It is extremely important to contact your veterinarian or Poison control center prior to induction of vomiting because vomiting is contraindicated when the ingested material is caustic. Caustic items are corrosive and cause mild irritation to necrosis/sloughing of the mucosal tissue of the mouth and esophagus. Common caustic household items are alkalis (in cleaning products), turpentine, and petroleum products. In these cases it is best to dilute the toxin by giving milk or water and head to the emergency facility immediately.
The list of toxic substances is very long and is often time dose dependent. For complete lists of toxic substances, please go to www.ASPCA.org.
Neutering is a sterile surgical procedure that involves removing both testicles from a male pet. Spaying refers to the operation where the ovaries and uterine horns are surgically removed from a female pet. It is recommended to spay and neuter your pets between 5 and 8 months of age, before they reach sexual maturity. This is for both medical and behavioral reasons. The only reason not to spay or neuter is if you are going to breed or show your pet.
For male pets, there are several medical reasons for neutering. The first is to eliminate the risk for testicular cancer, which is the 2nd most common cancer in unneutered male dogs. If the testicles are removed, they can’t get cancer there. Neutering reduces the risk for prostate cancer and prostatitis, and reduces the risks of diseases associated with hormones such as testosterone. As for behavior- there will be a decrease in the need for roaming as your dog will not have the urge to reproduce, as well as decreased aggression. It also decreases the urge to “mark” their territory, so inappropriate urination is less likely to be an issue.
There are medical and behavioral advantages to spaying your female pets as well. Medical reasons include the eliminating the possibility of false pregnancy, uterine infections known as pyometras, decreasing the risk of breast cancer and eliminating the chances of uterine and ovarian cancer. As with males, behavioral benefits include reduced aggression and other undesirable behaviors such as inappropriate elimination.
There are serious medical complications and behavioral issues that can arise from not spaying and neutering your pets, as outlined above. In addition to these, you will be preventing the risk of unplanned pregnancies. If you take away the urge to reproduce, they will be much more suitable as pets because they will no longer have to answer the “call of the wild.”
Feeding your ferret a proper diet is extremely important. Ferrets, like cats, are strict carnivores that are designed to eat whole, small prey animals. In nature, ferrets would only encounter carbohydrates in the partially digested stomach contents of their prey. The most common diet fed to pet ferrets in the United States is dry kibble, however these diets still contain high levels of grain. The most important thing to look at when choosing a food for you ferret is the label. The optimal diet contains 30-35% crude protein (high-quality meat sources) and 15-20% fat content. The first three ingredients of a ferret diet should be meat products. Dry diets can also be supplemented with: fresh raw organ or muscle meat and raw egg. Fruits should be avoided and fresh water should always be available either in a sipper bottle or a heavy crock-type bowl. If a bowl is used it should not be easy to overturn. Supplements should never be added to the ferrets’ water because they will degrade quickly. Make sure to speak to your veterinarian if you have any questions about your ferret’s diet.
It is tempting to reach in the medicine cabinet when our pets are not feeling well, but this can ultimately result in more harm than good. Many over the counter medications that are safe for use in people are toxic to dogs and cats. Even those medications that are safe for use in dogs and cats are not safe at the same dosages as those used in people.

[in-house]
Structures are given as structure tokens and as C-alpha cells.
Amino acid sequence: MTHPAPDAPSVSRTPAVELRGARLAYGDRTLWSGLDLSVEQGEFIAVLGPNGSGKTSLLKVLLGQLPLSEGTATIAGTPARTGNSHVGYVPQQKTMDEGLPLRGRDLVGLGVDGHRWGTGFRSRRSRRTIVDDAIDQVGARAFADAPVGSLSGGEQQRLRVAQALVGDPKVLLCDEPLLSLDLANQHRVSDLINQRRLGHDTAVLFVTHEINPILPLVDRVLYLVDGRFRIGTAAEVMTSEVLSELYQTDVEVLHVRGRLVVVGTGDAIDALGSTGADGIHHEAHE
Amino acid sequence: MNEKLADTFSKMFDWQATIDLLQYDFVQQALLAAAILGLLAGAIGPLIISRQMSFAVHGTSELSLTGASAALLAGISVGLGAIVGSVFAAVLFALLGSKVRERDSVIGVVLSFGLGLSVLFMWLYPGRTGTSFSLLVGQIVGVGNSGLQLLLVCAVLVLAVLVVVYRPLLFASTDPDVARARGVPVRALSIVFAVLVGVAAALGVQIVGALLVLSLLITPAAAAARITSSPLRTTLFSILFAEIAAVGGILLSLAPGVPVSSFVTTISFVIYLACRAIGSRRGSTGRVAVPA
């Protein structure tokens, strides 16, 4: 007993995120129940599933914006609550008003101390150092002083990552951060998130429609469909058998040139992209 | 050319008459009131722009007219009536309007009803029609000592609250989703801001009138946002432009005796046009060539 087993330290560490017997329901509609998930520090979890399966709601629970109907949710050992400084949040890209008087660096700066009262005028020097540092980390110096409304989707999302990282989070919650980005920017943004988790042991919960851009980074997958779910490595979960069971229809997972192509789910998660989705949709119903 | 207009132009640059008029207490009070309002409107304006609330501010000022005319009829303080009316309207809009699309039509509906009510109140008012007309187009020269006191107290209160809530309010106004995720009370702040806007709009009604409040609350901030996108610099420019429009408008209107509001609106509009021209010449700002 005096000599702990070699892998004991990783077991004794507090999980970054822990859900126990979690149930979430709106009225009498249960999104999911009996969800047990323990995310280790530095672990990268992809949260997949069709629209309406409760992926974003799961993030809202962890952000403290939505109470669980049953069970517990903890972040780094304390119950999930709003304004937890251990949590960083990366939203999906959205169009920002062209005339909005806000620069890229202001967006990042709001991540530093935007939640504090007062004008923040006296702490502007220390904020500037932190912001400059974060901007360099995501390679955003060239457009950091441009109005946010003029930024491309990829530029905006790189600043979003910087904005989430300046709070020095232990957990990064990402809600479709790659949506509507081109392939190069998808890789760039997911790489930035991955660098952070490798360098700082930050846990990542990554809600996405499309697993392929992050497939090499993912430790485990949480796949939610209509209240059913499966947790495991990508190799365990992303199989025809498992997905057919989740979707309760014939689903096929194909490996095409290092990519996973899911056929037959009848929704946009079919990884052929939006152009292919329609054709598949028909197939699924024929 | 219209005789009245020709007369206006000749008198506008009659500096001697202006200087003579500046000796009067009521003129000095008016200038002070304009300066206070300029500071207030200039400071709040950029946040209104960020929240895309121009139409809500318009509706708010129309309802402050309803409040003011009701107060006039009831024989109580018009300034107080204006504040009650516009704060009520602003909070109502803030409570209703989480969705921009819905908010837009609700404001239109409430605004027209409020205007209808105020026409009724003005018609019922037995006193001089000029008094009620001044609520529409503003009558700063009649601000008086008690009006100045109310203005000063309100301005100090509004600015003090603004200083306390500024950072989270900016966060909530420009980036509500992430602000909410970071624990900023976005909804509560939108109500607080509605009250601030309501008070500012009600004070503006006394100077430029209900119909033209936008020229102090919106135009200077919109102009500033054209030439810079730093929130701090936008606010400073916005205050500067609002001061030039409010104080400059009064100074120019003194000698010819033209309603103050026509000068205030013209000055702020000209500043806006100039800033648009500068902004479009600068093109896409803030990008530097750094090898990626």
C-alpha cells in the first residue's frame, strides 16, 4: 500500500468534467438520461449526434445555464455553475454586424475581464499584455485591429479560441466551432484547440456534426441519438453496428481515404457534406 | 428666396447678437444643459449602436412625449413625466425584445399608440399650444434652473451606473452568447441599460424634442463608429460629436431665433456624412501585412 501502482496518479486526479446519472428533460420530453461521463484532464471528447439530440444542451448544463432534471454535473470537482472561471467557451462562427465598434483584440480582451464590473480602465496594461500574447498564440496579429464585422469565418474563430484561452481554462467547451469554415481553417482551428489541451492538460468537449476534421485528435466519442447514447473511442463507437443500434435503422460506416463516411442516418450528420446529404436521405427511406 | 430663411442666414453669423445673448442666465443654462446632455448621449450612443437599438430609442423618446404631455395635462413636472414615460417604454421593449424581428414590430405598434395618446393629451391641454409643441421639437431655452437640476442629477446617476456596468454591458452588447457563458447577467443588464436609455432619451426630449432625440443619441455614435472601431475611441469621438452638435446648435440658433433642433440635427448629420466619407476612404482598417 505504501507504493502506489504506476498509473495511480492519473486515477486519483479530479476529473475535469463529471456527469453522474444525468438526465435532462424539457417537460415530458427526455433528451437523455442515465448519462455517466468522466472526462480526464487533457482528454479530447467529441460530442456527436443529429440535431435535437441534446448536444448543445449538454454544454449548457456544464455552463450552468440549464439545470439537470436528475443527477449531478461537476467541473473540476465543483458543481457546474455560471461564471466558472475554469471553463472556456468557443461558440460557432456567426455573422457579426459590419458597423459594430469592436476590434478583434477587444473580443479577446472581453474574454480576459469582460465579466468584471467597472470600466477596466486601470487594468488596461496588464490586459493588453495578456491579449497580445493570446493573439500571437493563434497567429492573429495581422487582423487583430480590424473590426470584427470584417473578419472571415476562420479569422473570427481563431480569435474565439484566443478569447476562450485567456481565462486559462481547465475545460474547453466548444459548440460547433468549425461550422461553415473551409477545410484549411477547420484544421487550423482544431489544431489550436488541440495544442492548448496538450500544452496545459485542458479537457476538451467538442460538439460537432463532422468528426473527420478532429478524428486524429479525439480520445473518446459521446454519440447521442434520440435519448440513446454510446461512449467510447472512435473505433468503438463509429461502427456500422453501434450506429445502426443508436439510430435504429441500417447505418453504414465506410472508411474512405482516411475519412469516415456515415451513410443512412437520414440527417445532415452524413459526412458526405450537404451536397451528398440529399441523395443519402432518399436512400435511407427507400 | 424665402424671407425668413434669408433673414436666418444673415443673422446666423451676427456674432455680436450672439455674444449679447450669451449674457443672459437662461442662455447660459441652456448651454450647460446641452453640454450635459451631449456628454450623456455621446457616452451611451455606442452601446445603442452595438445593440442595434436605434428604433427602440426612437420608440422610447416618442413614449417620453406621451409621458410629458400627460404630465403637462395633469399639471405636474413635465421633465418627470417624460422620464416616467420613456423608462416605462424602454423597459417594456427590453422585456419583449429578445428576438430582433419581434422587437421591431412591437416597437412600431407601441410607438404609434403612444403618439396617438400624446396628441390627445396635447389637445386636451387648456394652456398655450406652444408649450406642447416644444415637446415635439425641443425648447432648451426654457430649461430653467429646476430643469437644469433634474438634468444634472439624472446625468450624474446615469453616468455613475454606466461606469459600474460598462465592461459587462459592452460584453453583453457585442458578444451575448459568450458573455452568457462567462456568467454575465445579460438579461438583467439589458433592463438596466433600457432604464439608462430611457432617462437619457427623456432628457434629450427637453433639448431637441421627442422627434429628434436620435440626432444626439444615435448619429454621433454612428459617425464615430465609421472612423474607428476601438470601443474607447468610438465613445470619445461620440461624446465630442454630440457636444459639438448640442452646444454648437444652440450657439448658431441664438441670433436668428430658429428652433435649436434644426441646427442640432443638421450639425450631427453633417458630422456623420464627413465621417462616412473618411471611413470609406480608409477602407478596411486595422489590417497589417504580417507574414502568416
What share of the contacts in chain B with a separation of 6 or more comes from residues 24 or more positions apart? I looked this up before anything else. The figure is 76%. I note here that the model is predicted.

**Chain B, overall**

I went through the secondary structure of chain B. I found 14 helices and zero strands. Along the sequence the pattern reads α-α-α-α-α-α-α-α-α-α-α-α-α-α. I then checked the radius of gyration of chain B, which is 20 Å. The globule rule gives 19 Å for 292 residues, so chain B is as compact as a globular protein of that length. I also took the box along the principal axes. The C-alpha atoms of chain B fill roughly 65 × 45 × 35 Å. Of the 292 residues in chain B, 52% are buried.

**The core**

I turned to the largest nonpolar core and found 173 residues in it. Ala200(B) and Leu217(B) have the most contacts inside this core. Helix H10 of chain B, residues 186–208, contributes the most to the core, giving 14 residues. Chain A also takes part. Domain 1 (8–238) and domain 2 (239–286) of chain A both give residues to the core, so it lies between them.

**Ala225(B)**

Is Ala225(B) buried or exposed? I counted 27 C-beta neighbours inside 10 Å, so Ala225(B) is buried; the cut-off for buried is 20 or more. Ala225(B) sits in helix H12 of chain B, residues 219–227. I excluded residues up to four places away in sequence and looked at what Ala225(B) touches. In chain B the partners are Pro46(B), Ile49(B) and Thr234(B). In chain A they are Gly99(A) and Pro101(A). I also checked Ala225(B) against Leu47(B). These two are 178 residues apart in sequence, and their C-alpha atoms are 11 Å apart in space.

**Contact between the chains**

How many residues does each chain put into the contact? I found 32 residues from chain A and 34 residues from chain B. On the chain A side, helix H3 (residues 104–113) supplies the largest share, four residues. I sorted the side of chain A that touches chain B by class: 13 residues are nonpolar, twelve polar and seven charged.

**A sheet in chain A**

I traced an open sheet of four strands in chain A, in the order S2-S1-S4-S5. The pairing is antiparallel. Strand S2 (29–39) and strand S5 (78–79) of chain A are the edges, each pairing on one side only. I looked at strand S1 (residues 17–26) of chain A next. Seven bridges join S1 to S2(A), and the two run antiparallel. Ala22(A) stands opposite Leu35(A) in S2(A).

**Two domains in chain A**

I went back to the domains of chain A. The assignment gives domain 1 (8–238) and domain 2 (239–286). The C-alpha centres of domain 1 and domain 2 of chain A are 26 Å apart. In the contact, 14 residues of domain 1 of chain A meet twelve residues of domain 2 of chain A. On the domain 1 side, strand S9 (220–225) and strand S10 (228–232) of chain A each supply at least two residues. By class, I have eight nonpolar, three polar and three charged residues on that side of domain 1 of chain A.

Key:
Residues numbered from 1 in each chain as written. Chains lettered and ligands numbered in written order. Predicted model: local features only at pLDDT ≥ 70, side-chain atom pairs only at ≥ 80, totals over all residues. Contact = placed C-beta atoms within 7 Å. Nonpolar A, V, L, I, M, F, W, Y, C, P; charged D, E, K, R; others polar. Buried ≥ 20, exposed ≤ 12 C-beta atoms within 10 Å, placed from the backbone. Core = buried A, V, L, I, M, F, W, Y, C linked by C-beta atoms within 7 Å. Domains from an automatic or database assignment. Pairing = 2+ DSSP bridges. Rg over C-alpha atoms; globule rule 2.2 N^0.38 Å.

Tylenol for instance is extremely toxic to cats and dogs and can lead to kidney failure as well as severe bleeding ulcers. It should never be used. Neither should Aleve as it can cause similar problems. Even milder forms of pain relievers such as aspirin can cause these signs at the human dosages listed on the bottles. In addition, aspirin can be extremely dangerous if given with other forms of medications such as steroids and anti-inflammatories dispensed from your veterinarian.
Antihistamines dispensed over the counter often have additional drugs in them for decongestion or to prevent drowsiness in people. These extra ingredients can cause dangerous heart arrhythmias in pets. Even something as mild as vitamin supplements often contains concentrations of certain ingredients that can be harmful to pets. For these reasons it is always advisable to consult your veterinarian before administering ANY over the counter medication to your pet.
Dr Lorraine Pennea
Have you ever thought about owning a pet reptile? Many people think the reptiles that are kept as pets are ‘cool’ to own and sometimes after seeing one up close or handling one people get their hearts set on owning one too. Some of the more common pet reptiles that people keep are turtles, tortoises, non-poisonous snakes, green iguanas, chameleons, and various other lizards.
I too am a reptile enthusiast and although I am not a veterinary specialist in the exotics world, I am hobbyist. I want you to know that the single biggest ‘mistake’ people make when it comes to reptiles is not learning enough about which ever particular species they desire before acquiring it. Husbandry issues are the leading cause of illness and injury in pet reptiles. There are multiple websites where one can learn about how to care for a reptile but some of these sites are just a person’s opinion and perhaps not factual. The best place to learn is from your veterinarian. If your veterinarian does not take care of reptiles they certainly can guide you towards one who does or one who is a hobbyist like myself who would be more than happy to guide you. If you want your reptile to do well and thrive then you must know how to care for it.
Some simple facts: green iguanas will turn brown and stop being green if they are not kept at the correct temperature. Turtles will stop eating if humidity is wrong. Snakes will sometimes sit so close to heat sources that they will burn their own skin before moving away. Most reptiles can have zoonotic diseases – meaning a disease that is contagious to people! Make sure to speak to your veterinarian if you are thinking about owning a reptile or if you have questions about reptile care.